When I started writing this column two years ago, I was still reeling, like a lot of people I know, from the death of the Empty Space Theatre. Theaters have natural lifespans, but the loss of the Space after 36 years was especially painful. The company had dedicated itself to work that was new, unconventional, and not necessarily to the popular taste—exactly the sort of theater a society should support, if only to give Republicans something to scream about. And it had closed its doors for what in arts funding terms was a paltry debt: $75,000. Meeting with the Space’s newly unemployed artistic director Allison Narver, I could see she was practically teetering with exhaustion. But she was clear-eyed about the state of our theater scene: We were in trouble.
So two years later: How are things, Seattle?
Well, most of the region’s theaters that were open then are still open, save Tacoma Actors Guild and several fringe venues. And even Narver, thankfully, continues to work all over Seattle. But major cuts of both staff and budgets have been announced for the Rep and ACT, and other theaters are likely to follow. Several of our mainstage theaters carry a debt larger than the amount that sunk the Space, and while things are more stable for midsized companies like Seattle Shakespeare, Book-It, and Taproot, I’m not convinced that we’ll make it through this year without the closure of another Seattle company.
So in five years, will we be living in some post-apocalyptic theater town, where the largest venue is a 99-seat black box on Capitol Hill? (Mike Daisey’s How Theater Failed America considered this scenario, and with a certain relish.) It might happen. The funding models that kept regional theaters solvent have collapsed, and it’s also true that an overemphasis on capital campaigns and administrative staff has left a lot of larger theaters teetering. Fortunately for them, they’re subsidized by artists, in thrall to their obsession, who insist on making art, even if the pay is miserable or nonexistent. I trained at a good school and have worked in theater for 20 years, but I’ve never made anything approaching a living wage at my art—and there are a lot of artists out there like me.
A deeper problem is that no one has any clear idea of what brings audiences to a show, despite some serious efforts at determining demographics and innovative marketing techniques. A decade ago, every show I went to, from a Belltown black box to the Rep, had healthy audiences. Now practically none do—and no one really knows why. Interestingly, the trend started well before our current economic catastrophe—a phenomenon that might be of interest to future economists. (When culture starts to falter, can the economy be far behind?)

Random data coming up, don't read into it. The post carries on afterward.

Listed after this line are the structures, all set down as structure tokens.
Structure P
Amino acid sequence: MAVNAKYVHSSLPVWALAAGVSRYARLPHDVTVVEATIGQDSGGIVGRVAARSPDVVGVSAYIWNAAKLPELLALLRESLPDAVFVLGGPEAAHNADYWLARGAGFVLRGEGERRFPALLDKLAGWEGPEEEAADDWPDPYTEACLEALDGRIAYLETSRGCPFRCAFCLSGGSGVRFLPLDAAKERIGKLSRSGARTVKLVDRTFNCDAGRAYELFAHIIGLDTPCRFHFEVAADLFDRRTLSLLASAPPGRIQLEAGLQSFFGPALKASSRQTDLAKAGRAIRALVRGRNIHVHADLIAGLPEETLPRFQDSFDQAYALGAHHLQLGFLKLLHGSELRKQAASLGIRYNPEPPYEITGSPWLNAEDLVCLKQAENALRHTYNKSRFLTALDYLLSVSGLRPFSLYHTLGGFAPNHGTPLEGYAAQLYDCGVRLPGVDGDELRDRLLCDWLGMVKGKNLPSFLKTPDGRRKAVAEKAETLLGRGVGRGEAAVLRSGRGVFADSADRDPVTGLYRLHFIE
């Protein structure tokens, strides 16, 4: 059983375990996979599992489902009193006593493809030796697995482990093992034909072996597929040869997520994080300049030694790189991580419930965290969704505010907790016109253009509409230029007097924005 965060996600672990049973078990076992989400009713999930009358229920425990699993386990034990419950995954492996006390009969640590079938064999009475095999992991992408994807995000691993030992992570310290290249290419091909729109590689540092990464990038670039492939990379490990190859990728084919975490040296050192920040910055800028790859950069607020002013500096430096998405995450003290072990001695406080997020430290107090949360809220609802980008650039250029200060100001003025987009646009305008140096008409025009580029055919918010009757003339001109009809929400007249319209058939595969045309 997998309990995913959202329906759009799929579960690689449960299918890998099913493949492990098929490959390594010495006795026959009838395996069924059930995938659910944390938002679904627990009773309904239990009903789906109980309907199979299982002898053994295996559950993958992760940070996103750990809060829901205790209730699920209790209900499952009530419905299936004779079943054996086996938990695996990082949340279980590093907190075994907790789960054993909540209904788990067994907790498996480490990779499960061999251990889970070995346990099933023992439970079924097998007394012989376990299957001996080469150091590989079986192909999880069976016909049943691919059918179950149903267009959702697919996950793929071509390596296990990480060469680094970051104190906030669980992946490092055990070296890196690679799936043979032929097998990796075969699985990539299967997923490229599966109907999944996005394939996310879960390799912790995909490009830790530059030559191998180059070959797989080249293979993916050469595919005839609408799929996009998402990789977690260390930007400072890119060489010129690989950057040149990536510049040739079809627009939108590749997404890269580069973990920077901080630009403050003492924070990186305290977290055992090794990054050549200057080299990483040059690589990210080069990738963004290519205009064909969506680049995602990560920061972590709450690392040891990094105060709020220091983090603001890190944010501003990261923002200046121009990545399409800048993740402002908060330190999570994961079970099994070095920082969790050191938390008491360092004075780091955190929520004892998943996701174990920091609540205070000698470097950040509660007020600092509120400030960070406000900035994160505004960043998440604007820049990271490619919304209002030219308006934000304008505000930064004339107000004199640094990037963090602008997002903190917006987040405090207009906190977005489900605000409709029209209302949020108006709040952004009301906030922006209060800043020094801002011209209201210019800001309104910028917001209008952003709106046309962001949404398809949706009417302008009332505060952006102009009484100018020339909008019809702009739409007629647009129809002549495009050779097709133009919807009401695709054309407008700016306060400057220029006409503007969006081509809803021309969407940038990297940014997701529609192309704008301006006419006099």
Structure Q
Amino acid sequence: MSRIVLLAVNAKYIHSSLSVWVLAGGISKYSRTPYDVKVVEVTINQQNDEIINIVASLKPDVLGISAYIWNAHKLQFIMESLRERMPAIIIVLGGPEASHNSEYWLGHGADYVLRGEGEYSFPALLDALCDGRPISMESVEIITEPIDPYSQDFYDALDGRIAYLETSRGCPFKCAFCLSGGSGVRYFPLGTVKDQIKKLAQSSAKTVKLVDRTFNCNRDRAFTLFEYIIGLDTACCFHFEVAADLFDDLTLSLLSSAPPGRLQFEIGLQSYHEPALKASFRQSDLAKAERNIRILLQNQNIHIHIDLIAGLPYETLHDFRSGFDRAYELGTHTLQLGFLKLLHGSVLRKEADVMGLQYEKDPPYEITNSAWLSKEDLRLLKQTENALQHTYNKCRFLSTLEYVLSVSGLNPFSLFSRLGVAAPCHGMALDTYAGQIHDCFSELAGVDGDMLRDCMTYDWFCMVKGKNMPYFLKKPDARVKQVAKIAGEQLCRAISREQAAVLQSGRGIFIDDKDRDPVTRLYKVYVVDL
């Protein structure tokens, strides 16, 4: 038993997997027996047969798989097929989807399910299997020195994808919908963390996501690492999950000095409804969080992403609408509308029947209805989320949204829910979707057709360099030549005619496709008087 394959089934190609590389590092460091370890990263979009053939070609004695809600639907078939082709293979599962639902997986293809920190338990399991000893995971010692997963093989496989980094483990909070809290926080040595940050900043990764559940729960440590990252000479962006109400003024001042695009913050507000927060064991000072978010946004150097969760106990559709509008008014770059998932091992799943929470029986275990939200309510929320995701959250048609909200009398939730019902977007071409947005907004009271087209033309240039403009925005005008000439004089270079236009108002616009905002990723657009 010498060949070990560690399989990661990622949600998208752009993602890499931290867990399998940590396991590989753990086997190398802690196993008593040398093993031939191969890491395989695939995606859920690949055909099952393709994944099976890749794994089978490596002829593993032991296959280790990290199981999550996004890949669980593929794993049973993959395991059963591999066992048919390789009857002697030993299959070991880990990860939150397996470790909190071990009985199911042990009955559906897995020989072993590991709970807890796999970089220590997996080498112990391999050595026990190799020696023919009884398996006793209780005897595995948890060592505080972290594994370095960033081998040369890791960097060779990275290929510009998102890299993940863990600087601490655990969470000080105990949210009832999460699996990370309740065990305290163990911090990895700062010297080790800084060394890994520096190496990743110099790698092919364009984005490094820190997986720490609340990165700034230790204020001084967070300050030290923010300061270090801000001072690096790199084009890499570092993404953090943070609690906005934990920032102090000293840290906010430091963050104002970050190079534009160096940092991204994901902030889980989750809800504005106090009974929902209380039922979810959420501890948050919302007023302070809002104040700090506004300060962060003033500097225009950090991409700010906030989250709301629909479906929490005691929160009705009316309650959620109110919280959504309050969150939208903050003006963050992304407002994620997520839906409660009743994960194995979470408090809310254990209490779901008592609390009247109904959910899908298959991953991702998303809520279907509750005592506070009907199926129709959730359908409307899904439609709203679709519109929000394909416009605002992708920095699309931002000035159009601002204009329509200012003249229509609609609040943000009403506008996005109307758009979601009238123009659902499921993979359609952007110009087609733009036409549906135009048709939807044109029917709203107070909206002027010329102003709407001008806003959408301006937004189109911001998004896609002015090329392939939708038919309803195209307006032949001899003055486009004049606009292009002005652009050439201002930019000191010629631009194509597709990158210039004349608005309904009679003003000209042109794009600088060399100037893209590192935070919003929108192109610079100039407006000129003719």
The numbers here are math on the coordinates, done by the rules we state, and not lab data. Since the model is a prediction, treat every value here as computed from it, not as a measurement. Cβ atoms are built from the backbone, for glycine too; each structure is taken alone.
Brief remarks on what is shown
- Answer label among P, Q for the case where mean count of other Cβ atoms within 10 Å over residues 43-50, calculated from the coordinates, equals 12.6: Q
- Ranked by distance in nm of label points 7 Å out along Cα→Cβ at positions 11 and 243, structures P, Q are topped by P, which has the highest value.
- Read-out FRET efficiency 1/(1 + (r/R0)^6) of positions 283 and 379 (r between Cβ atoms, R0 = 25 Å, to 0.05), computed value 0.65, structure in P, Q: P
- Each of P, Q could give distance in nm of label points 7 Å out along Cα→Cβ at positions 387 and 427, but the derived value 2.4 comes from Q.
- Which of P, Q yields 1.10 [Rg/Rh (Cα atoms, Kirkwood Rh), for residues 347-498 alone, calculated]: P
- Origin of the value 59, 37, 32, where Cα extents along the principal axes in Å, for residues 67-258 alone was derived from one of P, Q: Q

Maybe we should follow the advice of Jerry Manning, Interim Artistic Director of the Rep, and “give the kids the keys to the car.” Handing over programming to hungry young artists in their 20s has the potential to transform theater back into a dynamic and dangerous art form, though I shudder at what I would have done at a place like the Rep when I was that age. (“A season of Eugene O’Neill plays! And something my friend just wrote!”) But sure, why not let the youthful dynamos at WET, ART, or Balagan take on some mainstage programming? The result might be as vital as our music scene—and could attract some of that elusive younger demographic that theaters are always lusting after. Yet even more exciting for me has been to see the rise of companies like Our American Theatre and New Century Theatre, groups filled with seasoned vets who are applying DIY sensibilities to administrative work—and perhaps recreating the form of professional theater along the way.
Some friends and colleagues believe that my defection to PR (I’ve taken a full-time job at the 5th Avenue) is a trip to the Dark Side. Maybe they’re right—though my own definition of the Dark Side involves that solo performance of The Celestine Prophecy I sat through at AHA! Theatre a dozen years ago. But on the second day at my new job, I sat in on an afternoon dress rehearsal for the 5th Avenue’s current production, Memphis, and was thrilled by the energy of the crew, working for hours on a show that they’d then repeat, to a paying audience, at that night’s preview. As soon as it was over, I jumped on a bus to North Seattle Community College, where I spent my evening directing a new play that opens this month, John Lennon’s Gargoyle. It was a 14-hour day, I missed lunch and ate a reheated dinner, and it would have been absolutely awful, except for one thing: I love theater. And there are enough people like me that I honestly think we’ll do just fine, even in the tough times to come.